Reinvigorated by this late-life resurrection, Cain wrote a new novel, Rainbow’s End. Published in 1974, Rainbow’s End was classic Cain, featuring a bank heist gone awry, a hijacked airplane, and a love affair between a crook and a fallen woman. Critics hailed the book as a master’s return to form. It sold well. Cain was a hot commodity once again.
Unfortunately, The Institute, his next book, was a spectacular flop the following year. The story of a University of Maryland professor who develops a new theory about Shakespeare’s identity, it was Cain’s first attempt at a contemporary setting and voice. Unfortunately, the dialogue that worked so well for criminals and desperate housewives faltered in the mouths of upper-class academics. Cain finished one more novel, The Cocktail Waitress, but found himself once again unable to find a publisher. Undaunted, Cain began work on new projects in addition to penning a series of popular editorials in The Washington Post. He continued writing up until the day he died in 1977, at the age of eighty-five.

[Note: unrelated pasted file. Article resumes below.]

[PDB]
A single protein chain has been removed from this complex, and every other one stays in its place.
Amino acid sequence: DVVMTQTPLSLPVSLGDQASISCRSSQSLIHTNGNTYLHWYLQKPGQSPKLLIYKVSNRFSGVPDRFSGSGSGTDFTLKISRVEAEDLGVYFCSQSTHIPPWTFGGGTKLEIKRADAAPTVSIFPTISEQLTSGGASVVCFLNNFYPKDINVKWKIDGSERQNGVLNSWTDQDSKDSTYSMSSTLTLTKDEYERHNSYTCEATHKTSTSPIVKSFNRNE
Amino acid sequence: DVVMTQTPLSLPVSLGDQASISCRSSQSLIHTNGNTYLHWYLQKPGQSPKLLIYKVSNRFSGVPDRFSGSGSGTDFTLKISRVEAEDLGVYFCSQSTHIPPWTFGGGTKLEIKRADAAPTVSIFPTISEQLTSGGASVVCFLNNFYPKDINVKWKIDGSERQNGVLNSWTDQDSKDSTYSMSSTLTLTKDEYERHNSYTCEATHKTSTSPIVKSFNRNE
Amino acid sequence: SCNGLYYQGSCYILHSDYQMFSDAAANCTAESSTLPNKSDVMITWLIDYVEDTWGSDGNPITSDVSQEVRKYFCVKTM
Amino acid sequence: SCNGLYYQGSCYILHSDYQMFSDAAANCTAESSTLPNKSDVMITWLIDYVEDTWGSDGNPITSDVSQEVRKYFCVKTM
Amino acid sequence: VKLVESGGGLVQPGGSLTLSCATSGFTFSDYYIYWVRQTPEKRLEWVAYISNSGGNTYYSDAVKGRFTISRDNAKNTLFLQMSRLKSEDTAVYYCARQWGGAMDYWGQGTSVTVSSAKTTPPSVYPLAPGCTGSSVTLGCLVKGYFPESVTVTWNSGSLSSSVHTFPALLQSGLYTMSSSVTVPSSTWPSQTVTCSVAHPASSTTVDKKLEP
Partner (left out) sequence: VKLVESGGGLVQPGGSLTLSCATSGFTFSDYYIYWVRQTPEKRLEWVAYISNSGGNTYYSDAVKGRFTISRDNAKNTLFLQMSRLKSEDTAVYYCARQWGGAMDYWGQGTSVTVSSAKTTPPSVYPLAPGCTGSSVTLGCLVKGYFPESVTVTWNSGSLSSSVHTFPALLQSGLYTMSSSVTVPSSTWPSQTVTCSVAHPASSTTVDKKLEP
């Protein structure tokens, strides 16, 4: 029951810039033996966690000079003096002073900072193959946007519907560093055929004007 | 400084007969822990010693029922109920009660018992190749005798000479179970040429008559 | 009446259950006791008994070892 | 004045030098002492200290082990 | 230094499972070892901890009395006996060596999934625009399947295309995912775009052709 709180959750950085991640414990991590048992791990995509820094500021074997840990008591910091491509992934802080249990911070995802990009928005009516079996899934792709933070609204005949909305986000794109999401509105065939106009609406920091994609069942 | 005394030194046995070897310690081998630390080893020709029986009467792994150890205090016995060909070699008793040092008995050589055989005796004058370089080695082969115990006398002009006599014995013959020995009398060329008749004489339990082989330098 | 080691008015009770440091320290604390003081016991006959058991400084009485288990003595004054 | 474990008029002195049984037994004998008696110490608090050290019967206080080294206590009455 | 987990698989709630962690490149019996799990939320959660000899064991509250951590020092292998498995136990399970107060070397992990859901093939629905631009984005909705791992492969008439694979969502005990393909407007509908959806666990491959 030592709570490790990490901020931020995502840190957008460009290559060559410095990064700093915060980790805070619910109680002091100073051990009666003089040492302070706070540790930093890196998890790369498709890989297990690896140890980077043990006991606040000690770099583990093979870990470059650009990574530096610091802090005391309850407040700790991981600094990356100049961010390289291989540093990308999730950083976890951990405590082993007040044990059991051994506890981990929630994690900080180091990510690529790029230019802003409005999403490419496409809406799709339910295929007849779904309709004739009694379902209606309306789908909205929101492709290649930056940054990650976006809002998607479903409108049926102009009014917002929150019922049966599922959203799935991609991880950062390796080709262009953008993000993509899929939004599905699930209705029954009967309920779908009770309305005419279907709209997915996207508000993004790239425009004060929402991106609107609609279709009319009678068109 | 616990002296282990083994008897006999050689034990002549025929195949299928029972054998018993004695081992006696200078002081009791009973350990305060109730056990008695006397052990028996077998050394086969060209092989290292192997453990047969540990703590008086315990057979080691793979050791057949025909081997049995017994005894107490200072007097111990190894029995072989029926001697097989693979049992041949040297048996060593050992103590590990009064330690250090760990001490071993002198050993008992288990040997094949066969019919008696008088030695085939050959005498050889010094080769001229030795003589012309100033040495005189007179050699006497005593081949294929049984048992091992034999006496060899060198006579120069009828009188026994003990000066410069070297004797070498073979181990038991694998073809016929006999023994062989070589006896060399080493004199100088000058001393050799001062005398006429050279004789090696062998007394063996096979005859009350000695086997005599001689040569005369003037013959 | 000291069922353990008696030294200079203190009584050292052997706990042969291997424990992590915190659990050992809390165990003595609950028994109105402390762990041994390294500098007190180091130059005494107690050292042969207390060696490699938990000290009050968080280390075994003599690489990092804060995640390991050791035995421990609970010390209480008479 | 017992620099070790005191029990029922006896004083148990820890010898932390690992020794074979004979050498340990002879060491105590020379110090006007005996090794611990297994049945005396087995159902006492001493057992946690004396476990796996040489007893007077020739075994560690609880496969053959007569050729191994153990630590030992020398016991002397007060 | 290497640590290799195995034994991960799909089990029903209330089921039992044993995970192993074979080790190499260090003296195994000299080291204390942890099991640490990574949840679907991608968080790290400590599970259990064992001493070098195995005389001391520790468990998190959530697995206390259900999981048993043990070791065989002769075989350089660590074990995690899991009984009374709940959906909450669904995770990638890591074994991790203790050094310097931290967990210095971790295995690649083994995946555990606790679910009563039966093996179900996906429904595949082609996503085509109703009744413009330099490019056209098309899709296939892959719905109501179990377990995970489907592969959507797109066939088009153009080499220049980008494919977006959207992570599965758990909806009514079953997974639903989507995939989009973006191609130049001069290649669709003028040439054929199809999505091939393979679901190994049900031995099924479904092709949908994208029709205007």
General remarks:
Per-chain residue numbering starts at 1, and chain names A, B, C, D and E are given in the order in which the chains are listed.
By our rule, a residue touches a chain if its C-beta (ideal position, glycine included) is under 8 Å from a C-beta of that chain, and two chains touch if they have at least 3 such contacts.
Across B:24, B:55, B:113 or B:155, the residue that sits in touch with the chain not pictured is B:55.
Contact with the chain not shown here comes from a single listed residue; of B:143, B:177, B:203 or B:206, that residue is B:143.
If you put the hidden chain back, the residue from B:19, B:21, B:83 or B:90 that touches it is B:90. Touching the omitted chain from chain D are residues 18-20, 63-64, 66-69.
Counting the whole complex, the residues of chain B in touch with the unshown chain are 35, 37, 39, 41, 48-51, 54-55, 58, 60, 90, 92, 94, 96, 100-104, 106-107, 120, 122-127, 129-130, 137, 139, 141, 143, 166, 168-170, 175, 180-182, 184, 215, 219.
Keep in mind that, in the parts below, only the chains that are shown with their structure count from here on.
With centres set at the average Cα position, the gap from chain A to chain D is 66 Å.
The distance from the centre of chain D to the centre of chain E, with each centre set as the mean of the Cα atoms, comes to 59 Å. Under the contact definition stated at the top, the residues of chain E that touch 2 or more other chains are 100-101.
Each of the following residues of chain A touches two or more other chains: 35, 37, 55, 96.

James M. Cain’s influence on the tone and style of twentieth-century American fiction cannot be exaggerated. He had a talent for clean, forthright prose, honed during his time as a journalist. This allowed him to describe action and intrigue like no writer before him. Though his characters were crooks, murderers, adulterers, pedophiles, and prostitutes, Cain sketched out their personalities with an acute sensitivity that raised them above the sordid stereotypes they would have been otherwise. He had a rare gift for articulating the humanity of the dehumanized. If his career was uneven it was because he was an innovator, always seeking to challenge himself as a writer, even when the results didn’t pay off as he had hoped. Throughout his professional and personal life, Cain seemed to be seeking something: the right career, the right woman, the right narrative voice. Whether he thought he found it we will never know. One thing is for certain: he has left readers a diverse body of work that uniquely exemplifies both an age and a man.